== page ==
What birthmarks are and how you get them
- Birthmarks are very common and usually not harmful. Some, however, may indicate an increased risk for certain health conditions.
- There are two types of birthmarks - vascular and pigmented - and both come in a variety of colors and shapes.
- Though some types may be hereditary, experts don't really know what causes most birthmarks.
- For more stories, go to Business Insider SA.
If you don't have a birthmark, you probably know someone who does. These unique skin features can look like freckles, moles, scars, or even dabs of paint. But what exactly are they?
INSIDER turned to dermatologists and other doctors to answer just that.
There are two main types of birthmarks
There are two main categories of birthmarks: vascular birthmarks and pigmented birthmarks.
"Vascular birthmarks are an overgrowth of small skin blood vessels that end up giving red, pink, or blue color to the skin area involved," family medicine physician Dr. Viquar Mundozie told INSIDER.
The second type of birthmark is called a pigmented mark. Unlike vascular marks, which are caused by having more blood vessels than normal in a certain area, pigmented birthmarks have to do with the distribution of color in your skin.
"Pigmented birthmarks are due to over-secretion of the skin pigment melanin or clustering of pigment cells called melanocytes in the area involved," Mundozie explained. "This gives the mark an appearance that is different than the rest of the skin."
How both vascular and pigmented birthmarks appear varies widely between people. Many lighten over time, but some can actually become more prominent.
Vascular birthmarks include so-called port wine stains, salmon patches, and strawberry marks
Vascular birthmarks can appear in different shapes and sizes. Some of the most common types even have special names.
"Port wine stains," formally known as capillary malformation, may occur when the nerves that are in control of the constriction and dilation of capillaries become damaged, Dr. Hardick Soni, medical director of Ethos Spa, Skin, and Laser Center in New Jersey, told INSIDER. They can appear dark red or purple, and sometimes enlarge as a child grows. They can also be sensitive to hormone changes, so may grow or become more prominent during puberty, pregnancy, or menopause.
"Salmon patches" are pink marks that occur in about half of all babies, according to the U.K.'s National Health Service, or NHS. They usually appear on the face and neck and can get darker when a baby cries due to increased blood flow. Most salmon patches fade within a few months or years.
"Strawberry marks" are raised bumps that can take on a pink or red color, according to NHS. They often grow in size over the course of the first six months of a baby's life, but usually shrink and vanish by the time the child is about 7.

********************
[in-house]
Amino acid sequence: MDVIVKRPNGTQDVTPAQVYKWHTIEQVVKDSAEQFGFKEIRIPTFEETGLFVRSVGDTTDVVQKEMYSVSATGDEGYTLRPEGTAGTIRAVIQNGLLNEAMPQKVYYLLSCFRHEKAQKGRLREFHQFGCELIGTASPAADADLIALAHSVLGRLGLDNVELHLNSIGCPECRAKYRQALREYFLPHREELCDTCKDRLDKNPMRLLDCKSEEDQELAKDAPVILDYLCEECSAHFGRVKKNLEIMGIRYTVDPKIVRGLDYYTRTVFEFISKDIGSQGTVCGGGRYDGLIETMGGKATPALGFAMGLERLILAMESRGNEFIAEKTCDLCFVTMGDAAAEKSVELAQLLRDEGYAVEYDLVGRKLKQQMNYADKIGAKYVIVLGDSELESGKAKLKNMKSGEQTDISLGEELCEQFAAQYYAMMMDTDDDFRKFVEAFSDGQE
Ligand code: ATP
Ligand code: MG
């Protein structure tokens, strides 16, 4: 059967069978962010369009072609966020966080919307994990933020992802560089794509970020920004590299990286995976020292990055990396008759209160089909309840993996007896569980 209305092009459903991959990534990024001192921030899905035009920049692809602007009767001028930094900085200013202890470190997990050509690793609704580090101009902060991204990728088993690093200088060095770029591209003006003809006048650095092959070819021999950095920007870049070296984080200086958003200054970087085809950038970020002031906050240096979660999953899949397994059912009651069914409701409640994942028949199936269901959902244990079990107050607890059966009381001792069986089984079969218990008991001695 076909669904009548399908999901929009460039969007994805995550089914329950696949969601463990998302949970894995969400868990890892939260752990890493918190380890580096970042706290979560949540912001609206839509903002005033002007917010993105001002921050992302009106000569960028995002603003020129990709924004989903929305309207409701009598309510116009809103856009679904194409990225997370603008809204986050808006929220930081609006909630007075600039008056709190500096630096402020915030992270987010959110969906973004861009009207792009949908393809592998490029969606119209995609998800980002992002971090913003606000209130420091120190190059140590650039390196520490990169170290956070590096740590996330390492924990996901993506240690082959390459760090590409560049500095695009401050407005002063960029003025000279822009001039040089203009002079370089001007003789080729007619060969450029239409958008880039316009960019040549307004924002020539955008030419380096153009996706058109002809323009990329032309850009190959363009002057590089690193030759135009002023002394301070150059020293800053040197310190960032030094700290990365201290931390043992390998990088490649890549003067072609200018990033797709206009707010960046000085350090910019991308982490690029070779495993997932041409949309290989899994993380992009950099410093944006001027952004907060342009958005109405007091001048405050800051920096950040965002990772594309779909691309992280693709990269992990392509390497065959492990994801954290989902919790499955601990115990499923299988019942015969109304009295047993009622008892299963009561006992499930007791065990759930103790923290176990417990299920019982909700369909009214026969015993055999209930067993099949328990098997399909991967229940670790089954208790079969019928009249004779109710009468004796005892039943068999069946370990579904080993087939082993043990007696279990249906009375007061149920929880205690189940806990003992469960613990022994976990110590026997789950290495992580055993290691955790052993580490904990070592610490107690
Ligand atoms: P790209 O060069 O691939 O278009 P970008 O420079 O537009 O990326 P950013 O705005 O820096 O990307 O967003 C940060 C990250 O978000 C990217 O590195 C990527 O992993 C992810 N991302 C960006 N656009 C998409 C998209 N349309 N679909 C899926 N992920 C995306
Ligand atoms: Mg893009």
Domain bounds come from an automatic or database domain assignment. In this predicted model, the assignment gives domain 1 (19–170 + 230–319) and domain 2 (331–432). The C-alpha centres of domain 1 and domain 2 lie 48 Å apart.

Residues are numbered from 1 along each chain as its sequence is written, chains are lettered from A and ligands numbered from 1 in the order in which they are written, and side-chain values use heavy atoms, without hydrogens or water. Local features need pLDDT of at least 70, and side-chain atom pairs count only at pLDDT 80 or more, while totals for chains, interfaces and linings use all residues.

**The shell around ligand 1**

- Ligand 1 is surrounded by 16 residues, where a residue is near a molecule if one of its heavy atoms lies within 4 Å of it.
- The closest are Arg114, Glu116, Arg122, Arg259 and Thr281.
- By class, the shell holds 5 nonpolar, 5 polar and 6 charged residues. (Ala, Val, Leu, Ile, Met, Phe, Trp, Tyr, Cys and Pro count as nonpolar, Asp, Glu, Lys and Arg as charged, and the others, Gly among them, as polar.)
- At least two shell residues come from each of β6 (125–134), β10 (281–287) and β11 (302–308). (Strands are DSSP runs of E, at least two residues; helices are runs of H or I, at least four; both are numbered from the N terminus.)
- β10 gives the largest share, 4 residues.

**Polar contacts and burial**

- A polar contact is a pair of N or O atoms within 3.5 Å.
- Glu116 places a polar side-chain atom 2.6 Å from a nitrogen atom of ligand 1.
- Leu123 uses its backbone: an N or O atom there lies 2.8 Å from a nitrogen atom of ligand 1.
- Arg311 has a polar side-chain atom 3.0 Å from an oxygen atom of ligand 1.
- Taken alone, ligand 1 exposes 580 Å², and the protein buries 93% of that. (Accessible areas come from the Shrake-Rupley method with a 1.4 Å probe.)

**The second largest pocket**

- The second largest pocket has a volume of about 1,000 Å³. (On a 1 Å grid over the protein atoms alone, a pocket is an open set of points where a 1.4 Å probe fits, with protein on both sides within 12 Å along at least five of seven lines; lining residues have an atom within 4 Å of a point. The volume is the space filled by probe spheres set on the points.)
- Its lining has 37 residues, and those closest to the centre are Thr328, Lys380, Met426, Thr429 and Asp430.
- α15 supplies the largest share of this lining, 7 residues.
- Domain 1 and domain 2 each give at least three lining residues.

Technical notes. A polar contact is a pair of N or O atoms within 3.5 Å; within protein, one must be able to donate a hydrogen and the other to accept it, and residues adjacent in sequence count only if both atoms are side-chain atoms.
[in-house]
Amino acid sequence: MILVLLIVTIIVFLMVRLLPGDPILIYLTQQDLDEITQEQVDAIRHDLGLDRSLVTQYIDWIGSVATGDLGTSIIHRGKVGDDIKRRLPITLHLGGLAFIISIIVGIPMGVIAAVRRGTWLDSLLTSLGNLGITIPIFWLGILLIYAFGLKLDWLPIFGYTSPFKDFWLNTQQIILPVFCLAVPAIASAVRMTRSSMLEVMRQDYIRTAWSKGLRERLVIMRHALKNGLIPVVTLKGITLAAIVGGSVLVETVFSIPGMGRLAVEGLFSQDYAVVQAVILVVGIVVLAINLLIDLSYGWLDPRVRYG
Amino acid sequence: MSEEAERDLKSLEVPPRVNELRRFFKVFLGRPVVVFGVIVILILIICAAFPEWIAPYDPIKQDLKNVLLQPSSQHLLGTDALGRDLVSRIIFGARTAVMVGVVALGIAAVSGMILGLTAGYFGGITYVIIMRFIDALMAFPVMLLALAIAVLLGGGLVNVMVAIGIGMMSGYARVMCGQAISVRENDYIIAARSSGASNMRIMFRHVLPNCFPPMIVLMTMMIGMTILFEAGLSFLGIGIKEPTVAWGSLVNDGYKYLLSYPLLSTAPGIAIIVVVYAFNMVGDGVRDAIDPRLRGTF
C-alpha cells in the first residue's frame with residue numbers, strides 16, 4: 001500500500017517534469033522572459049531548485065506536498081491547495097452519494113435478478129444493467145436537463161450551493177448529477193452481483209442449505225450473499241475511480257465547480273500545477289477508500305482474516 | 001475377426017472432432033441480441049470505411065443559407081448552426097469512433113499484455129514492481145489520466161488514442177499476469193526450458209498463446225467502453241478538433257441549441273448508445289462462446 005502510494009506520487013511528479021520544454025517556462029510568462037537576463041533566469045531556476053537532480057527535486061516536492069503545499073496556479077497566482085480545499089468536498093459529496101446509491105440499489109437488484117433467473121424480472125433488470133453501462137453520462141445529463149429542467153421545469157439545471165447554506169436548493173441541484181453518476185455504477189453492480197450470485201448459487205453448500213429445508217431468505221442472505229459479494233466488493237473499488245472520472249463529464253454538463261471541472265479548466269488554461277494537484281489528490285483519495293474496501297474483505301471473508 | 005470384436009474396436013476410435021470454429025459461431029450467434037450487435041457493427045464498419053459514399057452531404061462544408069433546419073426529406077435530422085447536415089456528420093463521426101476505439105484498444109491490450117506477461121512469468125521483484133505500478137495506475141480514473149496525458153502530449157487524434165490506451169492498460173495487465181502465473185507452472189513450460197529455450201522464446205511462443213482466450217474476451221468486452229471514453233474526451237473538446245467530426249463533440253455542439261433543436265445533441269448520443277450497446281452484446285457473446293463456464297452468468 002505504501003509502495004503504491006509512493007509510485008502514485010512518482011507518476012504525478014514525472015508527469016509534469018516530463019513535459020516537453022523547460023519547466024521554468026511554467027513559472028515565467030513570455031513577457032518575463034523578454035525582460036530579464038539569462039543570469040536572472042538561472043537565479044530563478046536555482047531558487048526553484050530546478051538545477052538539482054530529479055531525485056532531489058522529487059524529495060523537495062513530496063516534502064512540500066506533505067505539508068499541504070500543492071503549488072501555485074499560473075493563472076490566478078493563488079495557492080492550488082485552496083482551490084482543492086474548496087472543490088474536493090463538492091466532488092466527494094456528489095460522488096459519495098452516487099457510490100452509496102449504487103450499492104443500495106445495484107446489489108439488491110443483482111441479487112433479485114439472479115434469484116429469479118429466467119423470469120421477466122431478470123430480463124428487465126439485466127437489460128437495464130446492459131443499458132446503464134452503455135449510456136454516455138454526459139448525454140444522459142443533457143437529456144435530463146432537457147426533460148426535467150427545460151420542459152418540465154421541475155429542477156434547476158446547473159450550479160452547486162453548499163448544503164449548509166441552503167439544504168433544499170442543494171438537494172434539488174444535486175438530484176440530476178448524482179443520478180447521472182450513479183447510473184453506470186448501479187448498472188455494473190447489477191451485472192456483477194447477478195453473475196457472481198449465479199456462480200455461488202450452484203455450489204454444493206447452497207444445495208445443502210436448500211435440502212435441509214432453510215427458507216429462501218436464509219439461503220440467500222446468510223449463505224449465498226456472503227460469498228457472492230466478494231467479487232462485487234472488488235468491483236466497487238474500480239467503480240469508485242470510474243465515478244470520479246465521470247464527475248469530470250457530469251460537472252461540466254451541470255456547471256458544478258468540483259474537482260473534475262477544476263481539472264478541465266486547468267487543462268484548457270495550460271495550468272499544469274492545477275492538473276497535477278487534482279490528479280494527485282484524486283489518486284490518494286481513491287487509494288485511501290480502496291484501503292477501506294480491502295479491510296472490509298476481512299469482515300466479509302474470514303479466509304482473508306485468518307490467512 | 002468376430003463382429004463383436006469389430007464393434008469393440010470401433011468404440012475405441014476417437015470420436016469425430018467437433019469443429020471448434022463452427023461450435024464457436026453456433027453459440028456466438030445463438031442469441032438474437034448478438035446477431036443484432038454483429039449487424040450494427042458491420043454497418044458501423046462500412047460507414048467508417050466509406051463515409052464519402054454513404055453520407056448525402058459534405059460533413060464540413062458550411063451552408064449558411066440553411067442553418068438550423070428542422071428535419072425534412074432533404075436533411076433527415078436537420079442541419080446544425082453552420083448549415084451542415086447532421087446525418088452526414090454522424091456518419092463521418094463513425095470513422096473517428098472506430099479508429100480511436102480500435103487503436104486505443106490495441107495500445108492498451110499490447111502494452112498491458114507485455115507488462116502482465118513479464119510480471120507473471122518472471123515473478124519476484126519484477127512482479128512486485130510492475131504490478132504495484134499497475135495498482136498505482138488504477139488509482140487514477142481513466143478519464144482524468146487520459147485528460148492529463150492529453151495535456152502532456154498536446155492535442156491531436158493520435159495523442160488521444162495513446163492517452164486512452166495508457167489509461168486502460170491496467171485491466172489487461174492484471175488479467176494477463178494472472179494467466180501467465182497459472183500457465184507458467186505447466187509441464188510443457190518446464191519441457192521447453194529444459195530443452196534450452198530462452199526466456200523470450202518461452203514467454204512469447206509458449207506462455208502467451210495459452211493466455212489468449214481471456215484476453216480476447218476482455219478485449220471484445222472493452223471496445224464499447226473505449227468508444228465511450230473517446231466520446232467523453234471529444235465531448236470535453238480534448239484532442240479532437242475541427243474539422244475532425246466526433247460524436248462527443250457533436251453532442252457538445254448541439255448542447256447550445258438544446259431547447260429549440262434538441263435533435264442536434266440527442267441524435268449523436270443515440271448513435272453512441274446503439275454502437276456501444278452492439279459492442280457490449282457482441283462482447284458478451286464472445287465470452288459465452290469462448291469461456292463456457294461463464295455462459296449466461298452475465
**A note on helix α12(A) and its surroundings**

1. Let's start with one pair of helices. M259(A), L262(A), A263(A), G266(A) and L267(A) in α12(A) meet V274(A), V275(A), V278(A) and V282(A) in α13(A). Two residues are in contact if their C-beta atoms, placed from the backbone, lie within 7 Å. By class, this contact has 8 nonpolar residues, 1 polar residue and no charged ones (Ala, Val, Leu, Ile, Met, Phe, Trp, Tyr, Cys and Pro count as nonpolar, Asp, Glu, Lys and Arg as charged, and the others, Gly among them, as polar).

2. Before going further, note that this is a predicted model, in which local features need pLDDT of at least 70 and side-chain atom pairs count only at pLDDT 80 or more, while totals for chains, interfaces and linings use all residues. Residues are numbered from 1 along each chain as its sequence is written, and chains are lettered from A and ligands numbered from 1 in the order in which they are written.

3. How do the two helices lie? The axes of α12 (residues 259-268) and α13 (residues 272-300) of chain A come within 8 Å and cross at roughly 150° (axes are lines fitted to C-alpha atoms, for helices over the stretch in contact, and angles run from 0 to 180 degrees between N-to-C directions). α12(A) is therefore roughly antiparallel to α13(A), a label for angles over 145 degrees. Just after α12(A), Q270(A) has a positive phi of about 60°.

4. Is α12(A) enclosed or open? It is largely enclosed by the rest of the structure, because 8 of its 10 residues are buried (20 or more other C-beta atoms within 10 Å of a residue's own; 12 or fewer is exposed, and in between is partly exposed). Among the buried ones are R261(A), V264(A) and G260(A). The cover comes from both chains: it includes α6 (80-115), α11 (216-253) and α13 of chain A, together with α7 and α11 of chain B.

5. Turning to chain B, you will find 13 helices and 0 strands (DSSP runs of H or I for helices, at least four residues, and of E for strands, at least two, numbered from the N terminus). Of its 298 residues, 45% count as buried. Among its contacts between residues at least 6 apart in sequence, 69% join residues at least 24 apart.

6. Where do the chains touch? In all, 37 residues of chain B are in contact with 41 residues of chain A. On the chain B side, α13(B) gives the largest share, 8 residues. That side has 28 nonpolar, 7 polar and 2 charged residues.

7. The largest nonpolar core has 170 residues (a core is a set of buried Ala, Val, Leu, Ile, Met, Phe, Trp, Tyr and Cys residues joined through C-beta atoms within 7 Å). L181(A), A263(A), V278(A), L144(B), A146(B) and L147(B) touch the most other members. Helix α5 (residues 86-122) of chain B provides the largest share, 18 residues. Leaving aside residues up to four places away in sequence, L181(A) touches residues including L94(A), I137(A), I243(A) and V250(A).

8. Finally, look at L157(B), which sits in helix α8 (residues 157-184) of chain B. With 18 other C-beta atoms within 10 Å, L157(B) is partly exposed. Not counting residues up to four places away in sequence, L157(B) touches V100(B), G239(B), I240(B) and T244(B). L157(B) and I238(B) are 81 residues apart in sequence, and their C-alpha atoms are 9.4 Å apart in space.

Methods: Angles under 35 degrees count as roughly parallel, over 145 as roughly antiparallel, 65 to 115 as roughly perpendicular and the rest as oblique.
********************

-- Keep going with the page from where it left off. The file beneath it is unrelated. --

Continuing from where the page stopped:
Pigmented birthmarks are caused by irregular skin pigment production
Pigmented birthmarks can vary in color and may appear as brown, gray, blue, or black marks. Common names for different types of pigmented birthmarks are Mongolian spots, congenital melanocytic nevi, and cafe-au-lait spots.
"Cafe-au-lait spots" are brown or beige areas on the skin. Though they're named for the French term for "coffee with milk," they can appear as deep brown spots on darker skin. According to the American Academy of Dermatologists, or AAD, these marks often fade with age but don't usually disappear completely.
"Mongolian spots" often appear on the backs or bottoms of children with a darker skin tone. They can appear blue or even gray and may resemble bruises. These marks often fade, but they can sometimes last a lifetime.
Some birthmarks may be genetic, but doctors don't actually know exactly why most appear
Your distinctive birthmark may be a family heirloom, but most are thought to occur by chance, according to the Stanford Children's Health website. Though experts speculate that some birthmarks are hereditary, they're still not really sure why they form, AAD reports.
"Some birthmarks run in families," Soni said. "However, scientists are not completely sure why birthmarks only affect some babies, or why they develop in the first place."
Non-hereditary genetic mutations are responsible in some cases. There is a clear link between babies born with the vascular disorder Klippel-Trenaunay syndrome and the appearance of port wine stains, but not every baby with port wine stains has the condition. Port wine stains are also a telltale sign of the rare neurological disorder Sturge-Weber Syndrome, but again, the syndrome doesn't affect every child with these types of marks.
Some birthmarks can raise your risk of cancer or signal potential health problems
Though the vast majority of birthmarks are nothing to worry about, some may indicate an underlying health condition or elevate your risk of future health problems.
Congenital melanocytic nevi, for instance, are moles that appear at birth or within the first few years of life, Mundozie said. They're a type of pigmented birthmark and are usually flat at first, though they can become raised or hairy over time, according to the British Association of Dermatologists, or BAD. These types of congenital moles are more likely than normal skin to develop into skin cancer. The larger the mole, the greater the risk, according to BAD.
Cafe-au-lait spots are quite common, but having more than six before age 5 might indicate a serious disorder. Neurofibromatosis is a genetic condition that causes tumors to grow along your nerves and often produces skin changes, including cafe-au-lait spots and clusters of freckles.
It's a good idea to regularly see your primary care physician or a dermatologist to keep an eye on any birthmarks, especially if you have a congenital mole that begins to change shape, itch, or bleed.
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